Heisenberg's quantum mechanics
Werner Heisenberg, in full Werner Karl Heisenberg, German physicist and philosopher who discovered (1925) a way to formulate quantum mechanics in terms of matrices. Heisenberg tackled the problem of spectrum intensities of the electron taken as an anharmonic oscillator (a one-dimensional vibrating system). His position that the theory should be based only on observable quantities was central to his paper of July 1925, “Über quantentheoretische Umdeutung kinematischer und mechanischer Beziehungen” (“Quantum-Theoretical Reinterpretation of Kinematic and Mechanical Relations”). Heisenberg’s formalism rested upon noncommutative multiplication; Born, together with his new assistant Pascual Jordan, realized that this could be expressed using matrix algebra, which they used in a paper submitted for publication in September as “Zur Quantenmechanik” (“On Quantum Mechanics”). By November, Born, Heisenberg, and Jordan had completed “Zur Quantenmechanik II” (“On Quantum Mechanics II”), colloquially known as the “three-man paper,” which is regarded as the foundational document of a new quantum mechanics.
In quantum mechanics, the uncertainty principle (also known as Heisenberg's uncertainty principle) is any of a variety of mathematical inequalities asserting a fundamental limit to the precision with which certain pairs of physical properties of a particle, known as complementary variables. Any attempt to measure precisely the velocity of a subatomic particle, such as an electron, will knock it about in an unpredictable way, so that a simultaneous measurement of its position has no validity. This result has nothing to do with inadequacies in the measuring instruments, the technique, or the observer; it arises out of the intimate connection in nature between particles and waves in the realm of subatomic dimensions.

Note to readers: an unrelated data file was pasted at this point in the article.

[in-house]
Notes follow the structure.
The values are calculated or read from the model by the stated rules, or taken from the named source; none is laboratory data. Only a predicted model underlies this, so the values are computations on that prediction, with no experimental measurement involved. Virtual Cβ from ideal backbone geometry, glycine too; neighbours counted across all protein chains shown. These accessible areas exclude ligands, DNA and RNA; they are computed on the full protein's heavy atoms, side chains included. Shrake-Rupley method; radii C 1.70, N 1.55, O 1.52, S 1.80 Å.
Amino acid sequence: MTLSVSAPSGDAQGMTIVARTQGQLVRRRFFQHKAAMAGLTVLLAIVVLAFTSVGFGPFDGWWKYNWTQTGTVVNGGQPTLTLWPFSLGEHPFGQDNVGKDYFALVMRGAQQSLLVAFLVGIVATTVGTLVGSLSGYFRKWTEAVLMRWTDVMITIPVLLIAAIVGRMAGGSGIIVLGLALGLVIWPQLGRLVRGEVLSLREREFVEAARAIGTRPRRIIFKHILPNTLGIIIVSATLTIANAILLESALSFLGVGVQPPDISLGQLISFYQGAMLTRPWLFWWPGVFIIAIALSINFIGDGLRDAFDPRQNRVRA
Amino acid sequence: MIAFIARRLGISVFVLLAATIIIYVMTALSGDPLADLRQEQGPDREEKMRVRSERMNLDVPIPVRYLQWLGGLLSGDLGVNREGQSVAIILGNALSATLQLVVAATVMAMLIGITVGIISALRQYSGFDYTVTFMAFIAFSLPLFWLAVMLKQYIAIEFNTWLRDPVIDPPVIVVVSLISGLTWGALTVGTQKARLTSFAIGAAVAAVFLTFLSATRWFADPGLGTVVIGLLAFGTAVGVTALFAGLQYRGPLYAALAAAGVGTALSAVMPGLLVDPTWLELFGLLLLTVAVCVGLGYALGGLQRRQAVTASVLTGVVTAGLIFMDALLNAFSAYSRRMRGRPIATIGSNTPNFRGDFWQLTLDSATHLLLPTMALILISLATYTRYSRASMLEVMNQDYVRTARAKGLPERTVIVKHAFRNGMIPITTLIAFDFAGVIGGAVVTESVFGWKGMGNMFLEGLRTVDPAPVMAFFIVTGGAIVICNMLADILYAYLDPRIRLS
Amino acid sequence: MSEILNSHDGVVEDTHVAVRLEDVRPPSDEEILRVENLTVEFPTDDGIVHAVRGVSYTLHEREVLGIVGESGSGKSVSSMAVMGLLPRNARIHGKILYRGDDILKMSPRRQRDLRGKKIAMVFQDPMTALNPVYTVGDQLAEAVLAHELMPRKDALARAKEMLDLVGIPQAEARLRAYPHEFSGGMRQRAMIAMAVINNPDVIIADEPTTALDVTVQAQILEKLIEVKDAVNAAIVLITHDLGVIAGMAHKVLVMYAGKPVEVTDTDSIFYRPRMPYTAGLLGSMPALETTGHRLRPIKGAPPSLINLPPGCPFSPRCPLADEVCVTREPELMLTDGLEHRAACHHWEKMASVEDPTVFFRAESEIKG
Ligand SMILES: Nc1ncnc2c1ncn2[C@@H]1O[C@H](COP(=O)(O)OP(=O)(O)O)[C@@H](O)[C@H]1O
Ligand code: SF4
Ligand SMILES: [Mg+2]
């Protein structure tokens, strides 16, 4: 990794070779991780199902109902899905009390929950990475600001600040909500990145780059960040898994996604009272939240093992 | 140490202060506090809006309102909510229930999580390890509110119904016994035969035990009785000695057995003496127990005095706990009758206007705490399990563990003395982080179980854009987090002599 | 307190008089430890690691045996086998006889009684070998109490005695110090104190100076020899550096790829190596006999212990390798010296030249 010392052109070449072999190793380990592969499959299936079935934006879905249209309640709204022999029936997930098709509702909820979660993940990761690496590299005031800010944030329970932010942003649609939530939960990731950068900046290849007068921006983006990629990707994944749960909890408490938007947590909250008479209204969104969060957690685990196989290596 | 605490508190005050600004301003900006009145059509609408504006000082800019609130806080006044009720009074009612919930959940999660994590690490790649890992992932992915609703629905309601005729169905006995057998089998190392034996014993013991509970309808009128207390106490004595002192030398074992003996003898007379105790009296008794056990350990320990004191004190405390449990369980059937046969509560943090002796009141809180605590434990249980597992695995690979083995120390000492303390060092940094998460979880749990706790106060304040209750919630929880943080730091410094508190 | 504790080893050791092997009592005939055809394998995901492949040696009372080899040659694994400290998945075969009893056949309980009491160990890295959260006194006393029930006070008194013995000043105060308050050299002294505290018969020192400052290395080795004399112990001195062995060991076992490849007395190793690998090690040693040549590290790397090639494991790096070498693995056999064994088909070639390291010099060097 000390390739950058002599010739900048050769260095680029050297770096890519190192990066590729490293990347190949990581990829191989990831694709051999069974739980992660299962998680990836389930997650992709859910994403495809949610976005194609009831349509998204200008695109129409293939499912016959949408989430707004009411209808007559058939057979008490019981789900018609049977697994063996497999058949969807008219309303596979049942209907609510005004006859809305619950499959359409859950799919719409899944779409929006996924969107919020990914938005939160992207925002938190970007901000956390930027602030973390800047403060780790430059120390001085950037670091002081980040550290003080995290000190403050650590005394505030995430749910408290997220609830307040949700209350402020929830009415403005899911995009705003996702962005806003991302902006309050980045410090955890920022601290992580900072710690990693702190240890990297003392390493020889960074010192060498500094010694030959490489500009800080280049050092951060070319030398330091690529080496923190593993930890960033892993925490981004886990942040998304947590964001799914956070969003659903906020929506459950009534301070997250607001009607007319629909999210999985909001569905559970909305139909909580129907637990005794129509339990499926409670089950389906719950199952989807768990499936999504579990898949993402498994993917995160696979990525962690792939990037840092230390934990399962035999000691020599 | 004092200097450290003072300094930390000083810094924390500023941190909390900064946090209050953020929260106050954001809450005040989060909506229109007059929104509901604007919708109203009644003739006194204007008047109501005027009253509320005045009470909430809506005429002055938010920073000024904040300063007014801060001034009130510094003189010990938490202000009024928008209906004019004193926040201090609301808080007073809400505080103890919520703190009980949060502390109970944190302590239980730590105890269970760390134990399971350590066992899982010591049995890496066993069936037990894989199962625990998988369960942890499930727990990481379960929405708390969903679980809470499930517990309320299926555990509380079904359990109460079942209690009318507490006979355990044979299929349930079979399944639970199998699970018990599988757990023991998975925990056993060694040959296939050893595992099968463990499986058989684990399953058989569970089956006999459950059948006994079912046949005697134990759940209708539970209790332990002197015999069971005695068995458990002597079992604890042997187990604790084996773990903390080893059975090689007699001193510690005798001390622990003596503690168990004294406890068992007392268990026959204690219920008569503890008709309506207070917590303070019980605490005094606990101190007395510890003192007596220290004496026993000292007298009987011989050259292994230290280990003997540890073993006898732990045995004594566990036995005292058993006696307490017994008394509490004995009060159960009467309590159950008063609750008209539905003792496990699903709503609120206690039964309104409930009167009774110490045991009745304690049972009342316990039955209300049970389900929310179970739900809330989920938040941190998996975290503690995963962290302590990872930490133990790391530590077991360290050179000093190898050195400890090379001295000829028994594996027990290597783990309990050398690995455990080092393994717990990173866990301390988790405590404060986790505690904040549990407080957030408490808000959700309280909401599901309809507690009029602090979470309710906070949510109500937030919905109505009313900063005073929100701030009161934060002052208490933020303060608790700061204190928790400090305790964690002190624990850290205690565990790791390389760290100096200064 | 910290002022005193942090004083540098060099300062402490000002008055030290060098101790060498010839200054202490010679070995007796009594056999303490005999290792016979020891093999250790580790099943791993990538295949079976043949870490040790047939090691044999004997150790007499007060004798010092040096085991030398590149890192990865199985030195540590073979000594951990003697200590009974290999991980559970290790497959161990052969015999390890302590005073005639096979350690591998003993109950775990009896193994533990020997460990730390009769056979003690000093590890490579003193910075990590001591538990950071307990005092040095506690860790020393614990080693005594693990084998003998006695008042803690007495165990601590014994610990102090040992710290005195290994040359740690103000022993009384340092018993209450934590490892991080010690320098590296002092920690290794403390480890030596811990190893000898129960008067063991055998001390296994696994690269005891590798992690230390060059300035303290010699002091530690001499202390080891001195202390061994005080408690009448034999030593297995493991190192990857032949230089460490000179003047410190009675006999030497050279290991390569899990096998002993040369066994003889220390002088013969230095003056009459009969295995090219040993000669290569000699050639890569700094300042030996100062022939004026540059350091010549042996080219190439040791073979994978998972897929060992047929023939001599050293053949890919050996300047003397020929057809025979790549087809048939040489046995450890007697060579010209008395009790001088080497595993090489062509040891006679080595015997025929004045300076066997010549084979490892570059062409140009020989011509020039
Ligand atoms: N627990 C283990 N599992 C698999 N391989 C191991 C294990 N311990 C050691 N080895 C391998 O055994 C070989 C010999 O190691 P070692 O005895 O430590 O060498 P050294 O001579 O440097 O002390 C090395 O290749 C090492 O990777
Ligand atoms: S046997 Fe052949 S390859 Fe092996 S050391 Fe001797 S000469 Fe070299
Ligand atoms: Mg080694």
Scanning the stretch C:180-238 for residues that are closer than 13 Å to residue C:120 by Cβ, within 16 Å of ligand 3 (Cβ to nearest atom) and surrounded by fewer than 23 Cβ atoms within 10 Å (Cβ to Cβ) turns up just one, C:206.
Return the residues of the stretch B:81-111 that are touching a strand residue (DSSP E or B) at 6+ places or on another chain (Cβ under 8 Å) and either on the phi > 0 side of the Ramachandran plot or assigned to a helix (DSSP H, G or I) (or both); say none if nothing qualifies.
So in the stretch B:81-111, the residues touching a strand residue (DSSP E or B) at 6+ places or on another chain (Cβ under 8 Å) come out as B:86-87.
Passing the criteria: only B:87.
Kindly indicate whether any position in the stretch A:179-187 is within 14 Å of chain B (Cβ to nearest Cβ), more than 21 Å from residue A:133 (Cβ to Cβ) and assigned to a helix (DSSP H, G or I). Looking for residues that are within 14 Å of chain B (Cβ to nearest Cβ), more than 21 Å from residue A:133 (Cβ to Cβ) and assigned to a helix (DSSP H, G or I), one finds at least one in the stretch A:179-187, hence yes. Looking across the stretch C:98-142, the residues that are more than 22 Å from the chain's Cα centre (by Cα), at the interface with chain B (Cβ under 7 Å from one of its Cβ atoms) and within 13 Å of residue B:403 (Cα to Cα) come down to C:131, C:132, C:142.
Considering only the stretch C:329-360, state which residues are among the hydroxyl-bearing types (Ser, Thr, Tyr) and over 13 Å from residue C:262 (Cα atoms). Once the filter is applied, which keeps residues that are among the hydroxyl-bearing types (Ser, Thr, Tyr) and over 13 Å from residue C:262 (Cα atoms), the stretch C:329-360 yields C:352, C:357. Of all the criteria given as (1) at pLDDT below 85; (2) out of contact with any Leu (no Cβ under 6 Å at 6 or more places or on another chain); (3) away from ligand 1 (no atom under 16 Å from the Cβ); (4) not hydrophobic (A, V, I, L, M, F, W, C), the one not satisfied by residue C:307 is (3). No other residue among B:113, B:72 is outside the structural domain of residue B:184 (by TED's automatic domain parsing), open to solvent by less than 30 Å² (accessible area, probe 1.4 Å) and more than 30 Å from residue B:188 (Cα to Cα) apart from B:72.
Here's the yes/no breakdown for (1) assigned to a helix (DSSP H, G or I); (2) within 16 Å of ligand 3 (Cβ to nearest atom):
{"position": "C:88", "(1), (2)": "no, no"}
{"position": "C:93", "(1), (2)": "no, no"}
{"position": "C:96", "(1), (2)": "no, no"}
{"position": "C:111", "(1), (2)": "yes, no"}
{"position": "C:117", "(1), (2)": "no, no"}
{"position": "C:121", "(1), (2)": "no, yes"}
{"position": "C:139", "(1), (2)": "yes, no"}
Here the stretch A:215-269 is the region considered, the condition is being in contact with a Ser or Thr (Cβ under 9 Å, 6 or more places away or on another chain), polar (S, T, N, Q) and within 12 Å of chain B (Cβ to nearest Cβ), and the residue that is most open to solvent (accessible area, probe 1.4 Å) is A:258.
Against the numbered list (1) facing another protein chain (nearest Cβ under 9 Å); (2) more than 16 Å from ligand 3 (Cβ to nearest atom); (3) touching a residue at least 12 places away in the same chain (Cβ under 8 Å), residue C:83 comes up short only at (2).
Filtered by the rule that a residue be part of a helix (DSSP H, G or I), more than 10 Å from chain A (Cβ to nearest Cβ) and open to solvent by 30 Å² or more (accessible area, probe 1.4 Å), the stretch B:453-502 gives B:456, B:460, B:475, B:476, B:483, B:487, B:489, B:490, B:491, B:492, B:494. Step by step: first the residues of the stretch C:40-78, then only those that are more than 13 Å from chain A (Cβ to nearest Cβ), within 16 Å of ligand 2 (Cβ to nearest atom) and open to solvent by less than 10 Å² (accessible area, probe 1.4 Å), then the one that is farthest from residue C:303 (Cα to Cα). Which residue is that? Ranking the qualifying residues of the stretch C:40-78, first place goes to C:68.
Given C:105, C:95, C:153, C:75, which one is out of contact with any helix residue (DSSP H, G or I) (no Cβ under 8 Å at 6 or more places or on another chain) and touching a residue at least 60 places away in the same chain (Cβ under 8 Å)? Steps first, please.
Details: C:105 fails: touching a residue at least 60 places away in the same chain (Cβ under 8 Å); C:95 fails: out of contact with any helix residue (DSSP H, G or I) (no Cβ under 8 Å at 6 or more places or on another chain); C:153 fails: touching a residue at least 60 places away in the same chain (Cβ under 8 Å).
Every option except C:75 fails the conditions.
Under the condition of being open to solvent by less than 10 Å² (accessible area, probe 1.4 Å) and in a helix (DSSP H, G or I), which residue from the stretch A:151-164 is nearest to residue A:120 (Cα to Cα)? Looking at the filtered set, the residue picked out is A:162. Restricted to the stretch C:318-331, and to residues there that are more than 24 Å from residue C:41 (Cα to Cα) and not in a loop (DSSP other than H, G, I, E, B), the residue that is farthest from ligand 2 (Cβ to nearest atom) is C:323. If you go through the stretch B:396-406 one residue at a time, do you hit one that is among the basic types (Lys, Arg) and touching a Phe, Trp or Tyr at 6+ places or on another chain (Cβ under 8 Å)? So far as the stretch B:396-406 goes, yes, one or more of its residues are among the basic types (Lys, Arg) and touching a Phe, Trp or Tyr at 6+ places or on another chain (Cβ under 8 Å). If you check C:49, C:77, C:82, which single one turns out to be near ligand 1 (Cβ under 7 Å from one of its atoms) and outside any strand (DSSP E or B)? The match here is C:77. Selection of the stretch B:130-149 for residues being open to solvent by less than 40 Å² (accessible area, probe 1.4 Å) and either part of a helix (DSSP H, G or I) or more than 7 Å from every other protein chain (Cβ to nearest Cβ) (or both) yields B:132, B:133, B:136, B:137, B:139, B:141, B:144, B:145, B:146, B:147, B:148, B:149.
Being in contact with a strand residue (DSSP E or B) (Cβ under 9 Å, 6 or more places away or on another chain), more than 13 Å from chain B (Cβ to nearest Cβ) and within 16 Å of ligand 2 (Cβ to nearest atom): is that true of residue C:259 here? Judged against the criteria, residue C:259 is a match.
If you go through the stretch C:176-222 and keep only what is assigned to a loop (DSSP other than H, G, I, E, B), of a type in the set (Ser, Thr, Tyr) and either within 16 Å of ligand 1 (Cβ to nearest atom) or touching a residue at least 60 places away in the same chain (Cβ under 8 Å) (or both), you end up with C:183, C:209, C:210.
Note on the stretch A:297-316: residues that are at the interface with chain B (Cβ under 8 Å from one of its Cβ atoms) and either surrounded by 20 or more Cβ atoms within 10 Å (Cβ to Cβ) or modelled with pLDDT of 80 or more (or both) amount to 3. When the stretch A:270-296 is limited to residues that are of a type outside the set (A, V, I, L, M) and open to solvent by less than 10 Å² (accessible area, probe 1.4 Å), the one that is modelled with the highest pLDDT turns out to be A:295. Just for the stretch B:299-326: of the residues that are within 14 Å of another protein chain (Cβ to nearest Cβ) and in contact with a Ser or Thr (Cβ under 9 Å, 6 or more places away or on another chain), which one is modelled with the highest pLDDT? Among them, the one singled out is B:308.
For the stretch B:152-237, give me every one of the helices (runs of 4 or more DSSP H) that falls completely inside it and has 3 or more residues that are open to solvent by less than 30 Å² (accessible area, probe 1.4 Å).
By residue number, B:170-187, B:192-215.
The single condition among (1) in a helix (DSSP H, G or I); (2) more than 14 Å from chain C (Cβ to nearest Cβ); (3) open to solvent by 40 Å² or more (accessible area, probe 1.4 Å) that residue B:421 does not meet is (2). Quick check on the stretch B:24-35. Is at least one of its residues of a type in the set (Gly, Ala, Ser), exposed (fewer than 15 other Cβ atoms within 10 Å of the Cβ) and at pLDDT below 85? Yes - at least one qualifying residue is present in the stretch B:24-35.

Quantum mechanics demonstrated, according to Heisenberg, that the momentum (p) and position (x) of a particle could not both be exactly measured simultaneously. Instead, a relation exists between the indeterminacies (Δ) in the measurement of these variables such that
ΔpΔx ≥ h/4π
(where h is Planck’s constant, or 6.62606957 × 10−34 joule∙second). Since there exists a lower limit (h/4π) on the product of the uncertainties, if the uncertainty in one variable diminishes toward 0, the uncertainty in the other must increase reciprocally. An analogous relation exists between any pair of canonically conjugate variables, such as energy and time.
Heisenberg drew a philosophically profound conclusion: absolute causal determinism was impossible, since it required exact knowledge of both position and momentum as initial conditions. Therefore, the use of probabilistic formulations in atomic theory resulted not from ignorance but from the necessarily indeterministic relationship between the variables. This viewpoint was central to the so-called “Copenhagen interpretation” of quantum theory, which got its name from the strong defense for the idea at Bohr’s institute in Copenhagen. Although this became a predominant viewpoint, several leading physicists, including Schrödinger and Albert Einstein, saw the renunciation of deterministic causality as physically incomplete.Three-man paper - In German
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